When George Allen died in 1847, his business was
carried on by his pupil Henry Stock, who had been in
Allen's office from 1840 until 1846. Stock entered into
partnership with William Snooke and set up at 69
Tooley Street, which was Allen's old
office. For much of the 1850's the practice was known as
Allen, Snooke and Stock, only becoming Snooke and Stock
after 1856. William Snooke was principally a
surveyor, though he described himself as 'Architect &
Surveyor', and is credited with designing the warehouse
at Cotton's Wharf in which Tooley Street Fire started.
He took over from Allen the post of District Surveyor
for Rotherhithe and Hatcham and held it until his death
in 1883. The assistance of a surveyor was obviously very
useful to Stock in a practice which was mainly concerned
with industrial buildings.
The Changing Face of London
Where 69 Tooley Street would
(now a shopping area with
Henry Stock seems to have been a capable architect.
His friend, Edward I'Anson, President of the R.I.B.A.
described him as 'an able designer and one of the most
honourable men of business with whom I am acquainted'.
In addition to his post as parish surveyor to St.
Olave's, Bermondsey, Stock was appointed County Surveyor
for Essex in 1857 (in succession to Thomas Hopper) and
surveyor to the Haberdashers' Company in 1882. These
public offices brought him a substantial amount of work.
In 1851 he designed new buildings in the Tudor style for
St Olave's Grammar School, which were demolished in 1892
to make way for more elaborate buildings by Edward
Mountford, still surviving on the north side of Tooley
Street. For the Haberdashers' Company he designed Aske's
Hatcham Girls School and also St. Catherine's church and
vicarage at Hatcham. But the main work of his
partnership was industrial and commercial buildings and
the firm's work includes Peek Frean's Biscuit Factory in
Bermondsey, warehouse and offices at the Anchor Brewery
in the Mile End Road, Young's Brewery in Wandsworth and
the rebuilding of Cotton's Wharf after the 1861 fire.
George Allen's connection with the Humphrey family
continued in two major groups of warehouses at Hay's
Wharf and at Hibernia Wharf on the west side of London
The preferred style for 19th century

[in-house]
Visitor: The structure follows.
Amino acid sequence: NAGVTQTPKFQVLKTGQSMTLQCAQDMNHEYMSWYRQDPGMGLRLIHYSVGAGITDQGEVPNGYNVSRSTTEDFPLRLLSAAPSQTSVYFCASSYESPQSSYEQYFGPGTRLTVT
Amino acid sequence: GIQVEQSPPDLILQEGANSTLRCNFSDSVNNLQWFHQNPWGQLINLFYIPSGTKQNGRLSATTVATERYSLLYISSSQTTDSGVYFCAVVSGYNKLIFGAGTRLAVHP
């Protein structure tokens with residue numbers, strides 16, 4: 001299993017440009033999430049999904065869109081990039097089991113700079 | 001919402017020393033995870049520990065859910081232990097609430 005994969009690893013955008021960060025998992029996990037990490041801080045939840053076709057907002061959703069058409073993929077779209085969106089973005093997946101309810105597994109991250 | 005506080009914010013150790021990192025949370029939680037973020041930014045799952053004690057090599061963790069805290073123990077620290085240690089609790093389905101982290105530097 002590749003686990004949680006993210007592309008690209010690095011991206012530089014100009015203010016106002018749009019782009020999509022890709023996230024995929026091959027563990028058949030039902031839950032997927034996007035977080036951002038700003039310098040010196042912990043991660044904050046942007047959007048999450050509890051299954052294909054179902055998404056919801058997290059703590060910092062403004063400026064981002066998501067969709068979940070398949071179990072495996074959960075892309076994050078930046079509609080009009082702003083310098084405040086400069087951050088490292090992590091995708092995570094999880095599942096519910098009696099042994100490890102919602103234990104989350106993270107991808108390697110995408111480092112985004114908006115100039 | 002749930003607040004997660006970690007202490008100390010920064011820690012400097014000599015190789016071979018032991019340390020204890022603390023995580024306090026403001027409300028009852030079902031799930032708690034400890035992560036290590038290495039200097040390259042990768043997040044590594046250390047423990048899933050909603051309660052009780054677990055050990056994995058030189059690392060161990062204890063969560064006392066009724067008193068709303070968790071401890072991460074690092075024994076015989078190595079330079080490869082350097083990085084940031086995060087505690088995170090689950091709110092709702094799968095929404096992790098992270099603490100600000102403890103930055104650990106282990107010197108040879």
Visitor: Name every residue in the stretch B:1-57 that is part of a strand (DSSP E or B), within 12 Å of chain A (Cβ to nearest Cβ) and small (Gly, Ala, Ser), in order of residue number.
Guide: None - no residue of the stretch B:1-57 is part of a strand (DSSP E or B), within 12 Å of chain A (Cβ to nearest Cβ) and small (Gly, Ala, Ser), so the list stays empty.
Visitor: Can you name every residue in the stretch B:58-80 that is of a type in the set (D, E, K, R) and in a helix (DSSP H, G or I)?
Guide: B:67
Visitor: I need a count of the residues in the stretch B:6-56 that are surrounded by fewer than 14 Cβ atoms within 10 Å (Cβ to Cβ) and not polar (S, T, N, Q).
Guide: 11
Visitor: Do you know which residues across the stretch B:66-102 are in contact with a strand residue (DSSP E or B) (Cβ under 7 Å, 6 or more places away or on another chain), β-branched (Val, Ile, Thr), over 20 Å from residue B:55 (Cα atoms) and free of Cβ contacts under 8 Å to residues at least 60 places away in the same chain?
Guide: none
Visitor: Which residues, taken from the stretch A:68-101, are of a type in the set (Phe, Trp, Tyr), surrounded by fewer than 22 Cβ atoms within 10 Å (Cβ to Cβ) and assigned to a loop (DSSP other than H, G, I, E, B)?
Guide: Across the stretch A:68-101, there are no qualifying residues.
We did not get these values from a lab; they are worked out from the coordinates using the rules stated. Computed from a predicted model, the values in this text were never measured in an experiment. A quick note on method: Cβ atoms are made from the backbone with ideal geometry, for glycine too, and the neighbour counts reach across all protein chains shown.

institutional buildings, whether schools, hospitals or
almshouses, was Elizabethan. Stock proved himself
competent in this style, but for his commercial
buildings he kept to the tradition established by Allen
and made no attempt to introduce Elizabethan or Gothic
detail. At Hay's Wharf the offices and tea auction rooms
are entirely classical with a slight Italianate flavour.
The elevations of the warehouses either side are treated
as long arcades of extremely tall round-headed arches
standing on a basement which is also pierced by arches.
The same treatment was later used for rebuilding of
Cotton's Wharf and despite the irregular layout of these
two vast groups of warehouses, the motif of the tall
arcades gives them a measure of architectural unity.
Henry Stock's son, again named Henry
Stock, joined the firm in the 1880's
and designed Upper Thames Street and the Hamberg/American
Line Building in Cockspur Street, off Trafalgar Square.
In 1906 Robert Page joined the firm and it was
then that the firm was appointed as official Surveyors for the
Haberdashers' Livery Company and other Estates around
London and became known as Stock Page Stock.
The letterhead at that time stated 'Stock Page &
Stock, Architects, Surveyors and Industrial Planning
The firm had offices at 207 New
Cross Road in South London and
Wren House, Portsmouth Road, Esher until the
1980's. In fact, Henry Stock junior designed Fairlawn
Mansions, of New Cross Road, which was built for
the Haberdashers' Company in the 1880's for the
deserving poor of London, and is
still managed by Stock Page Stock today. The Company
moved to Old Street, London, EC1 in the early 1980's and then in 1997
moved to offices at Aldersgate Street,
In June 2008 we moved further
up the road to our current office at 83 Goswell Road,
Since the commencement of the 1990's the firm
of Stock Page Stock has been actively involved as
Valuers, Estate Agents and in particular property
management in the Barbican and Golden Lane Estate. Stock
Page Stock's office is in the vicinity of both these Estates.
History of Golden Lane Estate >>
History of Barbican >>
Although many of our managed
properties have been sold on to different Freeholders
down through the years, Stock Page Stock still
manages blocks of flats originally designed and built by
the Company for the Haberdashers' Society, nine of these
being 100 years old in 2005. As stated above,
our Company has been managing a block in New Cross Road
for getting on for 130 years.
We believe that over a 100 continuous years of
managing the same blocks is a record in London.
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